A recently released article discusses a new deal regarding peering reached by Google and Level 3. This could have significant positive impact on Google’s performance as Level 3 is one of the largest internet backbones in the world.
Here is the article:
Network peering is one of the wonkier areas of the internet and data center infrastructure world, but performance of internet services, be they online video or cloud infrastructure, depends greatly on how efficiently companies behind those services and service providers they rely on exchange traffic with others.
Google recently struck a new peering deal with Level 3 Communications using a fairly new type of arrangement the carrier has recently been advocating for.
It’s called “bit mile,” and it essentially means that each partner carries exactly the same amount of data from their partner’s network over the exact same distance as the other partner. If Jack and Jane each have five apples they have to bring to their respective grandmothers, but Jack lives closer to Jane’s grandmother, and Jane lives closer to Jack’s grandmother, they can agree to deliver the apples to each other’s grandmothers, but only an equal amount of apples and only over equal distances. If Jack happens to carry more apples than agreed and over a longer distance, Jane has to compensate him.
Level 3 operates one of the world’s largest internet backbones, but Google has also built out a formidable global backbone to deliver its services. Google’s backbone interconnects its massive data centers around the world and delivers traffic from those data centers to its 70-plus edge locations, where the content is cached for delivery to end users.
Now, the two have agreed to help each other deliver traffic more efficiently under a bit-mile deal, with no money changing hands. The agreement also means the two operators’ networks will interconnect in more locations than currently, improving overall performance of the internet.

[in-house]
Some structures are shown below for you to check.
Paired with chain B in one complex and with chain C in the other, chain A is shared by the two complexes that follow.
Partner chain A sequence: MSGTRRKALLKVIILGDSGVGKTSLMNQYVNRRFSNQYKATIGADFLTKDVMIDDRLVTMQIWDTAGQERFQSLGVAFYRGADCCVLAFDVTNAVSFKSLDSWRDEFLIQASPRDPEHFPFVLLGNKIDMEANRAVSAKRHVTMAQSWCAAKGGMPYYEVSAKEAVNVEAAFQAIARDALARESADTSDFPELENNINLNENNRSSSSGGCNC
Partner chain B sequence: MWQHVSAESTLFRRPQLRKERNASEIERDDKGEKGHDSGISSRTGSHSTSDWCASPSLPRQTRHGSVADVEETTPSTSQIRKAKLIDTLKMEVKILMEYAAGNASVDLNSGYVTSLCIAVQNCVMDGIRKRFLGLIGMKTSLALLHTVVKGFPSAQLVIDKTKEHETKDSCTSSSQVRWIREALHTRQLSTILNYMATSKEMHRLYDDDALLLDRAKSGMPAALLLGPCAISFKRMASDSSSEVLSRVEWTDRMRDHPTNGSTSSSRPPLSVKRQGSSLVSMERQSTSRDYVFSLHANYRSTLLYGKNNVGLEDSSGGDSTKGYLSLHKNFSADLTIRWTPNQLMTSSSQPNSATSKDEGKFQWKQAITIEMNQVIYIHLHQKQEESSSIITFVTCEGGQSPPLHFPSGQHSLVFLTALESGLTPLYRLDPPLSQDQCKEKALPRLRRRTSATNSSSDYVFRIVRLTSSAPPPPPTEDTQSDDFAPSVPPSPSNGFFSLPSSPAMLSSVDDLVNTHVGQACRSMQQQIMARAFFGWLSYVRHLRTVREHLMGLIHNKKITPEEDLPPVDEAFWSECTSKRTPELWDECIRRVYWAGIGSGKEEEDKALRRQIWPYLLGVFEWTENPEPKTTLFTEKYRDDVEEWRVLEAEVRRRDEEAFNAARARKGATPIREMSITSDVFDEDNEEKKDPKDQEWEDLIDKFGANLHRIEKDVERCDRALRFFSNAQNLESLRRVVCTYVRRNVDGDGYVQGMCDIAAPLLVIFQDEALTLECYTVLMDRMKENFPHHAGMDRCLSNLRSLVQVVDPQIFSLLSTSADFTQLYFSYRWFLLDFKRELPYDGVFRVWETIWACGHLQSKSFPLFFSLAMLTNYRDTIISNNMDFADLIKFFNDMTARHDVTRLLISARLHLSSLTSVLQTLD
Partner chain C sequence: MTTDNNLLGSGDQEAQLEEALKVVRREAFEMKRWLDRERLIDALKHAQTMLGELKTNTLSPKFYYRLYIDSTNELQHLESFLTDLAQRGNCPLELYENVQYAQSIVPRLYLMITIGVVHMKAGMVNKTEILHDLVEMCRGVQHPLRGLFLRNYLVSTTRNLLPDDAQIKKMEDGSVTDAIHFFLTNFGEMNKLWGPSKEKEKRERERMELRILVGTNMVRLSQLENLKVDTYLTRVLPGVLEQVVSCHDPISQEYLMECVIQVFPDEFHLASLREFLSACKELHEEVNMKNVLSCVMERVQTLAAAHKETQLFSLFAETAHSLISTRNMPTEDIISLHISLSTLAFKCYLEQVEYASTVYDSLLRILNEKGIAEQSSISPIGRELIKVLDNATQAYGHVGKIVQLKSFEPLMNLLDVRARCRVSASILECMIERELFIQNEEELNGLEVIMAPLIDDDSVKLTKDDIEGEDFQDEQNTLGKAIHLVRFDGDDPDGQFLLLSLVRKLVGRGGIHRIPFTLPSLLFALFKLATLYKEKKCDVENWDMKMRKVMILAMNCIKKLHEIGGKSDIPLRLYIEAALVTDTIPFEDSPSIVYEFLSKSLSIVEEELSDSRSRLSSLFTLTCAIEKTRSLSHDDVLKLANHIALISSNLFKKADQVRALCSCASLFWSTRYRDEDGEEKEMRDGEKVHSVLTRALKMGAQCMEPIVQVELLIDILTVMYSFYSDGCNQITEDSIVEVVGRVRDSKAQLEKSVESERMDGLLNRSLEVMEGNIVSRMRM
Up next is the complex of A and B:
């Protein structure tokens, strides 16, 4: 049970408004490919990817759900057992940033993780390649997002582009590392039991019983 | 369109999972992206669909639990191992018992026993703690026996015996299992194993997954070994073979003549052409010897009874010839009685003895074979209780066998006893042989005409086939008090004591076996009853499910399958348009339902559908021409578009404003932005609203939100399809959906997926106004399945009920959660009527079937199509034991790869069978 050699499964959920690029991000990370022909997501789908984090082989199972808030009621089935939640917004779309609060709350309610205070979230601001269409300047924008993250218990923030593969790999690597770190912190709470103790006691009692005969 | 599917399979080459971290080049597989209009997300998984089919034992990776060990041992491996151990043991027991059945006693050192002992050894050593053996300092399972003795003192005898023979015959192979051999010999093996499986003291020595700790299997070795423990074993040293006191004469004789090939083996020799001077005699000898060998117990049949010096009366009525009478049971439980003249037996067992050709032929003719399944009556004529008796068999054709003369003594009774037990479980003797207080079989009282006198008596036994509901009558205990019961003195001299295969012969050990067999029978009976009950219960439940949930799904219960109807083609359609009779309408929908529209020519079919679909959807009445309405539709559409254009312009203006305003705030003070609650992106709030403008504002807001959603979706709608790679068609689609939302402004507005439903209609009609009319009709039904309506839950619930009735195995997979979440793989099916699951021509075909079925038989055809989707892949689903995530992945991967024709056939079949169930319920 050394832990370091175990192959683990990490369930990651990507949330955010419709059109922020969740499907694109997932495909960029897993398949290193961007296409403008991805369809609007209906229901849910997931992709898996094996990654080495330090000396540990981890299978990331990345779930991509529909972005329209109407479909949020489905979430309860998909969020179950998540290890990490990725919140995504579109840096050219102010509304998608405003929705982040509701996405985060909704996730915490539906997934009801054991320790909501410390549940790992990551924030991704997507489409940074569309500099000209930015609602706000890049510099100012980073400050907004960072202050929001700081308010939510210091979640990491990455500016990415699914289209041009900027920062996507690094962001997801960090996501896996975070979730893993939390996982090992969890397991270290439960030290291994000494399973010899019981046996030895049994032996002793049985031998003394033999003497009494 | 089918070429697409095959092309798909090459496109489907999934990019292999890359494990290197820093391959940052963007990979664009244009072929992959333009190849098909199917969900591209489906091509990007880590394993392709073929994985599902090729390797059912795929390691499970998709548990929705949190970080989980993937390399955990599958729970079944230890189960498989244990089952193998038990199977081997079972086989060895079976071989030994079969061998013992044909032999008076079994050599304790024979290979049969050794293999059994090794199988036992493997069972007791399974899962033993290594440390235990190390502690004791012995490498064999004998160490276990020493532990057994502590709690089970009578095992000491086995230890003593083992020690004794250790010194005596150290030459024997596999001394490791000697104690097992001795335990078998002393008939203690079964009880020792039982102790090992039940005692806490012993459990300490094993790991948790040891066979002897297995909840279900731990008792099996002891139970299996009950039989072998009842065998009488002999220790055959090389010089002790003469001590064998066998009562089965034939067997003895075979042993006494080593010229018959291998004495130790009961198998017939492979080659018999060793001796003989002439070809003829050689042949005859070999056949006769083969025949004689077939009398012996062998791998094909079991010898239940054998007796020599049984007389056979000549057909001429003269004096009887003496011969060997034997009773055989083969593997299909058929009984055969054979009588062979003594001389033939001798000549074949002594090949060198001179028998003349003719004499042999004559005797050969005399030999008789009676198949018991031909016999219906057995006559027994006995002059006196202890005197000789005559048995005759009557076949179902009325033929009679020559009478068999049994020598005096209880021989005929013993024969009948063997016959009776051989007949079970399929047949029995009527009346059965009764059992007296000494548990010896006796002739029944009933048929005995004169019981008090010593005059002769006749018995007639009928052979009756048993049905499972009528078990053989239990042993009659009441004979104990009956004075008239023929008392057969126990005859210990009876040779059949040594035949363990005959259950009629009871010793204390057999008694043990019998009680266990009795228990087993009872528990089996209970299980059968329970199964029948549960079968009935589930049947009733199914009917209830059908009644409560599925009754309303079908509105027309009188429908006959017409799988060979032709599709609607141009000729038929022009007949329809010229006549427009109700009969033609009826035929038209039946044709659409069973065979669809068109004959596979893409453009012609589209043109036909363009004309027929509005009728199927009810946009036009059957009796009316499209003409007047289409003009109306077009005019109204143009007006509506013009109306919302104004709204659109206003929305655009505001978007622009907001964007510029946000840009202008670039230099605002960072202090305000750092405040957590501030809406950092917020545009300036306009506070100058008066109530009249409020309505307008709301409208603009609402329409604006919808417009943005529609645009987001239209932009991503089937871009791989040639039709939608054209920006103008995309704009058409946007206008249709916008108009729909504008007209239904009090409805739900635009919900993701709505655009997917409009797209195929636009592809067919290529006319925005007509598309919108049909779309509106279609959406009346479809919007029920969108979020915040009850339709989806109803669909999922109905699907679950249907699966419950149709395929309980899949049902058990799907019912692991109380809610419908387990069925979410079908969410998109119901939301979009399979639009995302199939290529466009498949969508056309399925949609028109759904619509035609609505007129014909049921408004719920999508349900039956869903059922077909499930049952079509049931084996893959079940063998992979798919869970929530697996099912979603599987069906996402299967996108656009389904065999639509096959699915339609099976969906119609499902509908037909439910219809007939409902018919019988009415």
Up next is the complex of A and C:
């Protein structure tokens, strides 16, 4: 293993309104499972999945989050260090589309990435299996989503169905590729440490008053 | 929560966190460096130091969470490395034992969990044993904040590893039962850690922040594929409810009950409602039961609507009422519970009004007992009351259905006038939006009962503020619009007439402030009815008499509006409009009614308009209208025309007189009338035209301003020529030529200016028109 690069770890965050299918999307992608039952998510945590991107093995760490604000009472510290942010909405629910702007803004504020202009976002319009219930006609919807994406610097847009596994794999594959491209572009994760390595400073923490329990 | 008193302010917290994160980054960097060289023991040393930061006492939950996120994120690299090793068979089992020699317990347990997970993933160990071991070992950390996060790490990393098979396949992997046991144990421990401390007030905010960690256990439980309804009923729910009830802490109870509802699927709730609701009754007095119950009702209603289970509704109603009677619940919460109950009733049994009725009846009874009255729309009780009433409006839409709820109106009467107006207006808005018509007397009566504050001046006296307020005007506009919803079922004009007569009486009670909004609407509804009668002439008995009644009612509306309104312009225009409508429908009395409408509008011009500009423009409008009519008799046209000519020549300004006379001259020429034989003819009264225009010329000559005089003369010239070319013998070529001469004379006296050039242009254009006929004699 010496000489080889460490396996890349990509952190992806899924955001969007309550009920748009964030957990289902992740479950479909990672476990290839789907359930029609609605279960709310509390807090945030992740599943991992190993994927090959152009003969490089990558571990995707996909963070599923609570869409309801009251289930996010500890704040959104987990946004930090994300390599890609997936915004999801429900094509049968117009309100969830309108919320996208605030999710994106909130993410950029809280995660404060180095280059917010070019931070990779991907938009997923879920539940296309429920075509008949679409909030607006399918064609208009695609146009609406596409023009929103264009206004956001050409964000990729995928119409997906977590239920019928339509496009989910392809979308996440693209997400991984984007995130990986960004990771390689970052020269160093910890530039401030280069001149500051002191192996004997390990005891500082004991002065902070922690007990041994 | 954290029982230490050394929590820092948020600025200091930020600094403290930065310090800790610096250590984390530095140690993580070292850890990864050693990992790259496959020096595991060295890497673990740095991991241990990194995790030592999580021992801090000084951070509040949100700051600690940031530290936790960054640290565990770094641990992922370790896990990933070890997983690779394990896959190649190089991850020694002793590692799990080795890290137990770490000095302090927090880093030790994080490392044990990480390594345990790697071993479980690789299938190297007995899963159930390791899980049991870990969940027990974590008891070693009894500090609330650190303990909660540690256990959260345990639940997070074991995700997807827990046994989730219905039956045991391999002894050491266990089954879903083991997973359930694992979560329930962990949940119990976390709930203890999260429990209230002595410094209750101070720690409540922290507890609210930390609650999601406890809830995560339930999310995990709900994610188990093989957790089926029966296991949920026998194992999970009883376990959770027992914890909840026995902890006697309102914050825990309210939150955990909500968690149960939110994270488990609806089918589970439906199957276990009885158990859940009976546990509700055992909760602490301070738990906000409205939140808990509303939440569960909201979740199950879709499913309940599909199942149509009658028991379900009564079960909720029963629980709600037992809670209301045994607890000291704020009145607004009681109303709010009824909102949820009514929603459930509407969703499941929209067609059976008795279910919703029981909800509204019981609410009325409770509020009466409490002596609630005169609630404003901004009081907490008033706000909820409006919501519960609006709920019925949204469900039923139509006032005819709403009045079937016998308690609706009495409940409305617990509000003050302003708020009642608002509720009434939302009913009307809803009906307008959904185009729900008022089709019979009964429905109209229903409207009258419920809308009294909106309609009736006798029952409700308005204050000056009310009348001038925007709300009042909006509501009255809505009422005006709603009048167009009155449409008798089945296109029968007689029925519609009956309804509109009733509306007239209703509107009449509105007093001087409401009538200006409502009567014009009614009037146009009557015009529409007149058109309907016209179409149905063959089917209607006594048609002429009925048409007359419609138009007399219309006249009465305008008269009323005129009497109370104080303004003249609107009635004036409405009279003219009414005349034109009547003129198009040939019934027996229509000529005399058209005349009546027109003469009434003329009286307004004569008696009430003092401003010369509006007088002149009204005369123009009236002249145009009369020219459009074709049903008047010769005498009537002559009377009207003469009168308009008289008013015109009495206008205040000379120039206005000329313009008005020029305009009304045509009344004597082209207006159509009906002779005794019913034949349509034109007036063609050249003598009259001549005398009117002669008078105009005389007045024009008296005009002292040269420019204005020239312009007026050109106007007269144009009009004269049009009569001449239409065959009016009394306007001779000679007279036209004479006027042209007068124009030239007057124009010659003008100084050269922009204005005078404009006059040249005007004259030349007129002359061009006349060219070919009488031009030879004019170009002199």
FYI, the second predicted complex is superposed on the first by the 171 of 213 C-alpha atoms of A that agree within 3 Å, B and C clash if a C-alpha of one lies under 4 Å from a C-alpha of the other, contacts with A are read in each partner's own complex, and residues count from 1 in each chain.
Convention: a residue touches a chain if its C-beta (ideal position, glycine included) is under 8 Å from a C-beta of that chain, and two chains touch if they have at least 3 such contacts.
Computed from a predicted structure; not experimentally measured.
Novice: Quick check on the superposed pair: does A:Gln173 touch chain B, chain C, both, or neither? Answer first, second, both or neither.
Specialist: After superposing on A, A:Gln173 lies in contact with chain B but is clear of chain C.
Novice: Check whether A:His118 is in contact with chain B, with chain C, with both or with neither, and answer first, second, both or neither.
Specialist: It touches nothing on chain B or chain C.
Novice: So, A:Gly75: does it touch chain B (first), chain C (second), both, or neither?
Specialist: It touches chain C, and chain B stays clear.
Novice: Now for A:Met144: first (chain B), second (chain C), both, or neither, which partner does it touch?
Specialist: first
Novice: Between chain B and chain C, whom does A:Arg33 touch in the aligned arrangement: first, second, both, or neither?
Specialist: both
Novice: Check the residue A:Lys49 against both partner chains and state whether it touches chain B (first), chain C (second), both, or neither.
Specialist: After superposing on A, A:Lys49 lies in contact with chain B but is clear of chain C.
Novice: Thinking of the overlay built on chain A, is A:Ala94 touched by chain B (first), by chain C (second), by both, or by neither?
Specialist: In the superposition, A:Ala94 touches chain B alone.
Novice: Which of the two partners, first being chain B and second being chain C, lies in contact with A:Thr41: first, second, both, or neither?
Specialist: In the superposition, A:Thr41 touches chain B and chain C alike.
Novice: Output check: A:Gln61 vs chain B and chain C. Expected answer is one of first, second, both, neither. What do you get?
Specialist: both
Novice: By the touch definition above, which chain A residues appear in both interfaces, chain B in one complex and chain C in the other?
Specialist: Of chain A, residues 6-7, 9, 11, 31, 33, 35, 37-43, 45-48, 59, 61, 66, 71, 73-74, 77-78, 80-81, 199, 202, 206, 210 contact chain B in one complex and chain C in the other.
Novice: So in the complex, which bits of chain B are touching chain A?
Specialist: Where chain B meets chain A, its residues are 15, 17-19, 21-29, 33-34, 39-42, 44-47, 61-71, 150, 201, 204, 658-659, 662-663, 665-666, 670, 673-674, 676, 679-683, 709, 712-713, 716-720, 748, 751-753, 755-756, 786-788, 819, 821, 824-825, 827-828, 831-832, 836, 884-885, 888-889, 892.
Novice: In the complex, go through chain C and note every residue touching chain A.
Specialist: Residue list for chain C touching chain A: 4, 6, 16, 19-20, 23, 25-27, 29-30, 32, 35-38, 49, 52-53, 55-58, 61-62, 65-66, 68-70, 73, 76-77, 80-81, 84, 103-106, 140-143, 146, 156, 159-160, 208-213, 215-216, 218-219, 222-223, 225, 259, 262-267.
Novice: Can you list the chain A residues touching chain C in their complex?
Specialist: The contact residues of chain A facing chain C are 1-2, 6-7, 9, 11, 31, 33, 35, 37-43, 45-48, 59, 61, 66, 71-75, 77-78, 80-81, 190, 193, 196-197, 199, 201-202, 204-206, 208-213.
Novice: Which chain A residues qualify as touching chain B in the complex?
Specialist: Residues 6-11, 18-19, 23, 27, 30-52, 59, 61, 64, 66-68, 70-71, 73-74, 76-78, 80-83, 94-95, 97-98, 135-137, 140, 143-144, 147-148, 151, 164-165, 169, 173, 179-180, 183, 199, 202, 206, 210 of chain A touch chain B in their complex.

Google has similar agreements with other carriers, but hasn’t used bit mile until recently. “We have similar, settlement-free arrangements with other carriers, though bit mile is an emerging standard in interconnect,” Kamran Sistanizadeh, VP of network operations at Google, said in an email.
“Direct interconnection between Web services and internet service providers is a win-win for all parties,” he said. “ISPs save on traffic costs, and end viewers experience improved performance, like reduced buffering delay for video.”
A bit mile is a unit of measurement. It’s equal to the number of bits you can carry, multiplied by the distances that they’re carried. Partners calculate how many bit miles they have delivered for each other and make routing changes to ensure a more equal share for each.
In addition to wanting better efficiency, Level 3 has been advocating for bit mile as an alternative way to structure peering agreements with Internet Service Providers that deliver traffic to end users. In the traditional ratio-based system, a last-mile ISP will agree to serve x amount of the backbone operator’s traffic to its end users in exchange for being able to send y amount of traffic upstream, via the backbone operator’s network.
A typical ratio is six to one, where the last-mile ISP delivers six Megabytes of data to its customers for every Megabyte its customers send out of its network. Partners have to compensate each other for any traffic sent beyond the agreed-upon ratio.
Lately, these agreements have become less and less favorable for backbone operators like Level 3, since the proliferation of digital content streaming means a lot more traffic flows downstream to the end users than the other way, leaving backbone operators liable for more and more out-of-ratio traffic and paying tolls to the last-mile ISPs.
Author: Yevgeniy Sverdlik